It’s late morning here on the shores of Waikiki where Candace and I have just spent the penultimate night of this grand adventure. We are living in style here thanks to a gift from Candace’s mother and father and girding ourselves for reentry to the continent. On the desk table in our room is an empty bottle of prosecco and two glass flutes, one with about a half inch of pale liquid still in it from last night, when we drank on our porch, laughed about the trip and looked out over the southern coast of Oahu.

Yesterday, when we walked in to the Outrigger Reef Hotel, with multiple bags all bursting with our belongings and various keepsakes from over 6 months abroad, we sat down across from Ambrose, the hotel’s receptionist, to check in. He quickly offered us a cool towel and guava juice as he got us set up. We talked for a while about our travels, favorite places, the island of Oahu and he, upon learning of our honeymoon, upgraded the room for us and arranged for the Prosecco to be brought up shortly after we got into our room. Not only was it about the most welcoming and kind reception we could have imagined, but it was the latest example of what has come to be a hallmark of this honeymoon: generosity from others.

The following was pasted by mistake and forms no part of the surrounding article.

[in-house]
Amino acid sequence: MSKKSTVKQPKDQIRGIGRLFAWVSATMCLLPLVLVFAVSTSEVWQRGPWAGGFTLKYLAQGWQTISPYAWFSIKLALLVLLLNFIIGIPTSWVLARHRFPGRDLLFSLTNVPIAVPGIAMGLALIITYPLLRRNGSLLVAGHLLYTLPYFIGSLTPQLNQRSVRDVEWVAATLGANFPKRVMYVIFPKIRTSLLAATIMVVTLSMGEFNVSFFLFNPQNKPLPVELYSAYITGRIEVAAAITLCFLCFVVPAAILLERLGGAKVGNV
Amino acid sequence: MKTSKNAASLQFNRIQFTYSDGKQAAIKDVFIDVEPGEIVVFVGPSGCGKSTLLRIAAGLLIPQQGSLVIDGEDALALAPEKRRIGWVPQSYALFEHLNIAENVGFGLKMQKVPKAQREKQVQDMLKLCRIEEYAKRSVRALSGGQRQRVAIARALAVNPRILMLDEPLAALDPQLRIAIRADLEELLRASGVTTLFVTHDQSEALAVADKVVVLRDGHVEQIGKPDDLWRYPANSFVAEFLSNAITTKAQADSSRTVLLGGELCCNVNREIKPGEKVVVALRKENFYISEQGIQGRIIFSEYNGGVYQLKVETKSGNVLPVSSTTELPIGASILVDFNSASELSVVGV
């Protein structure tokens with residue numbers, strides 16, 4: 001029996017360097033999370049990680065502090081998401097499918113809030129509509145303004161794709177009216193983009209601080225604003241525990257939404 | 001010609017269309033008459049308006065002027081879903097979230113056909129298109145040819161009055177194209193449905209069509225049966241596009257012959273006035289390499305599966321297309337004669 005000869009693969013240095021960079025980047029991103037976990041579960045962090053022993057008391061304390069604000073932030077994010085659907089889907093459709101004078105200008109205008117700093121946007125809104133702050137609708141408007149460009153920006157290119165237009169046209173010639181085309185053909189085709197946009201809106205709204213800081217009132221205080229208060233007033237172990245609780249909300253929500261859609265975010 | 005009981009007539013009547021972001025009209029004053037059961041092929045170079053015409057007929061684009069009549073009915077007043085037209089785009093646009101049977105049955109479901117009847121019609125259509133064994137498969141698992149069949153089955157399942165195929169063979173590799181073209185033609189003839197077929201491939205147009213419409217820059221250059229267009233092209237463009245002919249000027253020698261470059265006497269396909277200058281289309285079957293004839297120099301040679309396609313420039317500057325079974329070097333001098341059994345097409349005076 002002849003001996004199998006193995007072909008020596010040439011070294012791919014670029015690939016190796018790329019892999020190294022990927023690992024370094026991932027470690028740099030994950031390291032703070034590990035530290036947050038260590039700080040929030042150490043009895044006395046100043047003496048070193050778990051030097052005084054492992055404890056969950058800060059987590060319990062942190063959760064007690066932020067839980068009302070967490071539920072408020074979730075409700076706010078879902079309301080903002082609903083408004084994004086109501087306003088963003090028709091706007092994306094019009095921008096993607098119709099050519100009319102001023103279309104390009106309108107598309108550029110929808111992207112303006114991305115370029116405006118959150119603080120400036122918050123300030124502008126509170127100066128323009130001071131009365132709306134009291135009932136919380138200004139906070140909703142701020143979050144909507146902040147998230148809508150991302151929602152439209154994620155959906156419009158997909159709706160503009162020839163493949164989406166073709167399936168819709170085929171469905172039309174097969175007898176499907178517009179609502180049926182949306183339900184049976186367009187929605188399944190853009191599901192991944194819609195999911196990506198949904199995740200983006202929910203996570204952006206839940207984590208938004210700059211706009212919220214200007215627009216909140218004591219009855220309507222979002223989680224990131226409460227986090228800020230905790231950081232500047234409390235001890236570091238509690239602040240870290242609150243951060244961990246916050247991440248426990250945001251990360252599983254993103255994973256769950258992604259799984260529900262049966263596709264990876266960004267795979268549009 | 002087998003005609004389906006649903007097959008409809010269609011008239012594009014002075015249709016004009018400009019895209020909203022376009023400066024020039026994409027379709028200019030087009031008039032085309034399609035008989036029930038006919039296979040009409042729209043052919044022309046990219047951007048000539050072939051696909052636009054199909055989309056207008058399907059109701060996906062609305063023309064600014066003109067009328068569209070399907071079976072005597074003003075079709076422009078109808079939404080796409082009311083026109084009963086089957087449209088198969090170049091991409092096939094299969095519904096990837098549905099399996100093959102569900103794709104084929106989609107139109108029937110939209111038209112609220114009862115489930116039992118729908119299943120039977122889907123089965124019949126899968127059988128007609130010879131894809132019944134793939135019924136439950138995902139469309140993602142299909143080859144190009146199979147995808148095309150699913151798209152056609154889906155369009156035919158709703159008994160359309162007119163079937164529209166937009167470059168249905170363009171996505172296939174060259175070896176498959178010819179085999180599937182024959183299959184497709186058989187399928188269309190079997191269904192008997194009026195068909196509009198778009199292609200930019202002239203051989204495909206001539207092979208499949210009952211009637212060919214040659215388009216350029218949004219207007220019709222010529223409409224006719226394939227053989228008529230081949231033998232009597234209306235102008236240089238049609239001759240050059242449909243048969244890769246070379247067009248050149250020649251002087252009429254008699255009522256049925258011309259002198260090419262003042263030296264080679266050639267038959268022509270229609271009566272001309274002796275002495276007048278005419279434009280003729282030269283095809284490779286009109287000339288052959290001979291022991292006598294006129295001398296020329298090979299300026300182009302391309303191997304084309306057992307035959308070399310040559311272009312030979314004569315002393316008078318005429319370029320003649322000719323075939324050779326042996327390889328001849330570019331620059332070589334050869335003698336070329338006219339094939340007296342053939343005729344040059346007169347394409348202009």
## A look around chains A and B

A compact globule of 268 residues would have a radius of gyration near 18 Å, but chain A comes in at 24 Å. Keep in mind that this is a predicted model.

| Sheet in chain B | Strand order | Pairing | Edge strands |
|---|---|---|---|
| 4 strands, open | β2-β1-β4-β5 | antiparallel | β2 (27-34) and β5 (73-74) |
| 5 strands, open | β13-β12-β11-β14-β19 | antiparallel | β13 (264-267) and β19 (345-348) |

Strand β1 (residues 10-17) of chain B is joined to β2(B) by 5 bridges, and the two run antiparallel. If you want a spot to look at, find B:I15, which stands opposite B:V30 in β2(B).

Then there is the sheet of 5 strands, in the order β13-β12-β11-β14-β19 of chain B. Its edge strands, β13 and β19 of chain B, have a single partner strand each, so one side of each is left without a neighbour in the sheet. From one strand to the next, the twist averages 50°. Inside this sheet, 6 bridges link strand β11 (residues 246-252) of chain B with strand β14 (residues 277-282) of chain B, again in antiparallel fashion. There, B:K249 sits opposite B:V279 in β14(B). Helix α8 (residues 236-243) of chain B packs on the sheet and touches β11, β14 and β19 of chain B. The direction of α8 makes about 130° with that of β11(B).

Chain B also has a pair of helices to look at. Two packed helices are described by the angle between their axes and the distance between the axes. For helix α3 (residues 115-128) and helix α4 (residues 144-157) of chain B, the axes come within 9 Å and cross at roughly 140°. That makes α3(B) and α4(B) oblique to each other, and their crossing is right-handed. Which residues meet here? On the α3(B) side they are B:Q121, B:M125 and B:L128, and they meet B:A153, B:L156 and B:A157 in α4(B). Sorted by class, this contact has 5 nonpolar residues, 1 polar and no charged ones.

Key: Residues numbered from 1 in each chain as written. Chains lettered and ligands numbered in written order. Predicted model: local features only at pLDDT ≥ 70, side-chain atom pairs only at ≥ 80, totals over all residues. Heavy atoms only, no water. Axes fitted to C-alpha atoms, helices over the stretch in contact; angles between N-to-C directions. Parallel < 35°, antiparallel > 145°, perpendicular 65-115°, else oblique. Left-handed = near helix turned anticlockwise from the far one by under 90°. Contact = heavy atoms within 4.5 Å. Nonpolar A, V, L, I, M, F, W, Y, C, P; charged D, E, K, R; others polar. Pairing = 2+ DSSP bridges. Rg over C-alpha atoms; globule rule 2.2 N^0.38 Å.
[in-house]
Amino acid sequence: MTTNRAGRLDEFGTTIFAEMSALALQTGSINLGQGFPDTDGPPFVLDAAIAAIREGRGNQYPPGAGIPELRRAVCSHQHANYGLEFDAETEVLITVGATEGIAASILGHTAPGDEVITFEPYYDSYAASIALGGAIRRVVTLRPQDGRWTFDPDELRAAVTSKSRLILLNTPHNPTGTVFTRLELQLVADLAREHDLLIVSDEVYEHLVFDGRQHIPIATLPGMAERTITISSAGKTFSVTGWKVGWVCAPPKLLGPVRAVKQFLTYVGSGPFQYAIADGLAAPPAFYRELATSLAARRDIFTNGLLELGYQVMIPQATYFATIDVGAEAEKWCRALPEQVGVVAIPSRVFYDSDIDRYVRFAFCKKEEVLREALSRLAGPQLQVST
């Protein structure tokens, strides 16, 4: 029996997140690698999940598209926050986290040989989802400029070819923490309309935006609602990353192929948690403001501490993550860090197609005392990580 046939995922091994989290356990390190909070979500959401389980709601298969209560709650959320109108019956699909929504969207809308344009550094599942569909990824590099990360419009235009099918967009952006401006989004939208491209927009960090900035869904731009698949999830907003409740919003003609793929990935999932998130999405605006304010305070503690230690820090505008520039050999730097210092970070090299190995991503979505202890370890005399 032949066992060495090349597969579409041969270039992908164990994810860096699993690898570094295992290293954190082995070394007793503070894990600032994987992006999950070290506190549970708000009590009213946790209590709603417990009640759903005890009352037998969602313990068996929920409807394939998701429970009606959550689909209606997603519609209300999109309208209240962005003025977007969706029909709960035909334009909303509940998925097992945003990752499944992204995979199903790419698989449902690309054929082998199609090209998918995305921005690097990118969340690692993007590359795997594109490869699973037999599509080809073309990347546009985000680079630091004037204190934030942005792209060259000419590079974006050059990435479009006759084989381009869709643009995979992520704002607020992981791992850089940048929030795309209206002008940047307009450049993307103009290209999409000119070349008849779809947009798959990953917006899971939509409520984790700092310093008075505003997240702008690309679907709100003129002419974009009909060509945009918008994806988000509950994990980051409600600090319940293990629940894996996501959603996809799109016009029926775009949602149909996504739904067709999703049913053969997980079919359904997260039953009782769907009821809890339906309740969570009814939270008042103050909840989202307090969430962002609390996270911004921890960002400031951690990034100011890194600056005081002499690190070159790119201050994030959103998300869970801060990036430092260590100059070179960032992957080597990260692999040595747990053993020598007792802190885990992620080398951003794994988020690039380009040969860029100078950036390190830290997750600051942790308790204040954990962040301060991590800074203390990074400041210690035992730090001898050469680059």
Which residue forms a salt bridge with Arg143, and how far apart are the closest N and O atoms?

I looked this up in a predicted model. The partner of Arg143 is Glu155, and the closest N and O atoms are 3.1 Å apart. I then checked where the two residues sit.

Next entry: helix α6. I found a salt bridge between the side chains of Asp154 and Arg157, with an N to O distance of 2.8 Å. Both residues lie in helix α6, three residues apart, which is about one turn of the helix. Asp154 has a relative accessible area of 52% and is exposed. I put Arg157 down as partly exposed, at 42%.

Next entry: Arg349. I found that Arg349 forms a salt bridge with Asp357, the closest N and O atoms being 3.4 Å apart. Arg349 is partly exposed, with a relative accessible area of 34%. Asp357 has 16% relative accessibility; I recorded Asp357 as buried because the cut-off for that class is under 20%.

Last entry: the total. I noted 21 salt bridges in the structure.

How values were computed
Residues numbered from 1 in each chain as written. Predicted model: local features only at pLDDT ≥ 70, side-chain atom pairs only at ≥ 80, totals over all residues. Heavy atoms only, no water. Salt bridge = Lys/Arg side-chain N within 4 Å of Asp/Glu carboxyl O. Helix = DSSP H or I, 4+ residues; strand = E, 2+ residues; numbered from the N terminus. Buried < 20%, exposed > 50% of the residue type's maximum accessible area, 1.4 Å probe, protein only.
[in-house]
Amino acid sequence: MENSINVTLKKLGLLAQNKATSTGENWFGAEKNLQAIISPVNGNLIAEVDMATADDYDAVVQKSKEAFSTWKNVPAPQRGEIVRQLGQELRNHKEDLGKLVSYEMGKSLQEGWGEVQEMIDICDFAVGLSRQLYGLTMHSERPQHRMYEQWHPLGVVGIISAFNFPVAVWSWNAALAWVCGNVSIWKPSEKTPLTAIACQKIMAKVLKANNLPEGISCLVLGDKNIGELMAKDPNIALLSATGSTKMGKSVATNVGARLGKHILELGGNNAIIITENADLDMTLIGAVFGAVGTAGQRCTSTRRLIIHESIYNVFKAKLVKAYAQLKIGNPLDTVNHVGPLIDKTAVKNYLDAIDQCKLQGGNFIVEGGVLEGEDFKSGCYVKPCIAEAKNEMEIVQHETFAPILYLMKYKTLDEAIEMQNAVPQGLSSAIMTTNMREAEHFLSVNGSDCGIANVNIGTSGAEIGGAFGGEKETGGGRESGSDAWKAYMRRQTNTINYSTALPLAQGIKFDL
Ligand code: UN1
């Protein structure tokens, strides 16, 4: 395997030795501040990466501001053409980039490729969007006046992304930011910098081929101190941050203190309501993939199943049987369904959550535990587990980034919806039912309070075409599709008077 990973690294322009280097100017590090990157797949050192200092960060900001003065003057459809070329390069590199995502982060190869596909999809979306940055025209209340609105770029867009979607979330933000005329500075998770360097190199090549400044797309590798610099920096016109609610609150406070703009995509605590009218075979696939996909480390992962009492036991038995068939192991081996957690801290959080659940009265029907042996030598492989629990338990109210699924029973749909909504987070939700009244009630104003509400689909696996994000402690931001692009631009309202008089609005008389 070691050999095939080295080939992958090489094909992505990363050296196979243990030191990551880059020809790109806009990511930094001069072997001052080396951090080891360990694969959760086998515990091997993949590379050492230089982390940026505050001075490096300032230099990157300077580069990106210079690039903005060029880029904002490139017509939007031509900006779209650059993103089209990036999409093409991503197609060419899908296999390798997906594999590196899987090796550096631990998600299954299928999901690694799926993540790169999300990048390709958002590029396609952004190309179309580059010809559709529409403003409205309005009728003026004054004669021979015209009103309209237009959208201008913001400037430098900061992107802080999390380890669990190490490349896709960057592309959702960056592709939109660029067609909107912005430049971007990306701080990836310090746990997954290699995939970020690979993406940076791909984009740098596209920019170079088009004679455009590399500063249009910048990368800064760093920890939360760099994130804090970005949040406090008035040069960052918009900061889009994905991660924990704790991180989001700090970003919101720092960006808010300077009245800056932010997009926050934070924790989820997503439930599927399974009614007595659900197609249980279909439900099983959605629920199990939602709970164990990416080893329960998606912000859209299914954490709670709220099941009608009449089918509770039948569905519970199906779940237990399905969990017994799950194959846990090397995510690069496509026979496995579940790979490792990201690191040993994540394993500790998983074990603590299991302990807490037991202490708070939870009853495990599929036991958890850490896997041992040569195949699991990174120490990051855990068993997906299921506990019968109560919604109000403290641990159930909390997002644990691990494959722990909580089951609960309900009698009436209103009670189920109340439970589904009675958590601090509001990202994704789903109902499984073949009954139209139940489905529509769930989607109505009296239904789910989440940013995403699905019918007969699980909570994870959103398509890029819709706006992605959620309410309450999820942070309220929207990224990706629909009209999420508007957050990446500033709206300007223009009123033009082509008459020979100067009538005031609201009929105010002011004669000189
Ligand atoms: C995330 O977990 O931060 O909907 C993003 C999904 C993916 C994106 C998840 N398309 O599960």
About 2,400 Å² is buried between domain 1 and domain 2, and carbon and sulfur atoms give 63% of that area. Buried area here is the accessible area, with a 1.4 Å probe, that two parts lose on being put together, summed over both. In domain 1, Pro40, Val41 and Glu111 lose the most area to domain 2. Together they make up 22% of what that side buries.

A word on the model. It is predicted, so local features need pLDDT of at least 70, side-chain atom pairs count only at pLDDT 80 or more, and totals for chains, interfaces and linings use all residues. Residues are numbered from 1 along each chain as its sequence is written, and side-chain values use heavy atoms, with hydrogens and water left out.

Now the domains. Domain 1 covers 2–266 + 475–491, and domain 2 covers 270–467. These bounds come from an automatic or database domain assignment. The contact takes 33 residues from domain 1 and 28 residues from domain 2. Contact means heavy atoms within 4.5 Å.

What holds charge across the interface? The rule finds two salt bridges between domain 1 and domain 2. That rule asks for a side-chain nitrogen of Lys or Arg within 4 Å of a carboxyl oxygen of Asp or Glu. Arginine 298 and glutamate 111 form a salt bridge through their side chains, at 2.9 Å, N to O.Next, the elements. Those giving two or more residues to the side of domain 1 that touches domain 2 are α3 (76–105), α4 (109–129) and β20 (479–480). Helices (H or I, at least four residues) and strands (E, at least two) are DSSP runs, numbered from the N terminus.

Candace and I have been the grateful recipients of more kindness and generosity from fellow travelers, friends, accommodation owners, shopkeepers, restaurant staff, and the general citizenry of the world, than we could ever fully list. We have been invited in to tea by women cooking lunch for the Tibetan Buddhist Monks in the highlands of Nepal; offered free deserts in Cambodia; upgraded to palatial rooms by many hotel owners; cooked for by our housekeeper in Bali; been driven around Abu Dhabi in the choking heat; invited for rides at moments when our weighty bags seemed like too much; given umbrellas for free (by multiple storeowners) so we could make it through the Tokyo rainstorms; offered choice wine in the cramped streets of Montepulciano; received a last minute discount by the caretaker of our boat in the Mediterranean; and these few examples make up only a small portion of the many acts of kindness we have had bestowed on us.

Reflecting on this last night over the chilled prosecco, we mused that we had to be open to each of these things, we had to say “yes” to them, sometimes even ask for them, only to find people thrilled to be able to help us, to have a chance to be generous with their own time, energy, money or materials. In each instance of receiving, we were reminded to live generous lives as best we could. For many of us it is harder to receive than to give and in doing so we block the flow of give and take that is available to us. More than any geography, climate, ecosystem or culture, the people we have met and their generosity have been the unequivocal highlight of this adventure.

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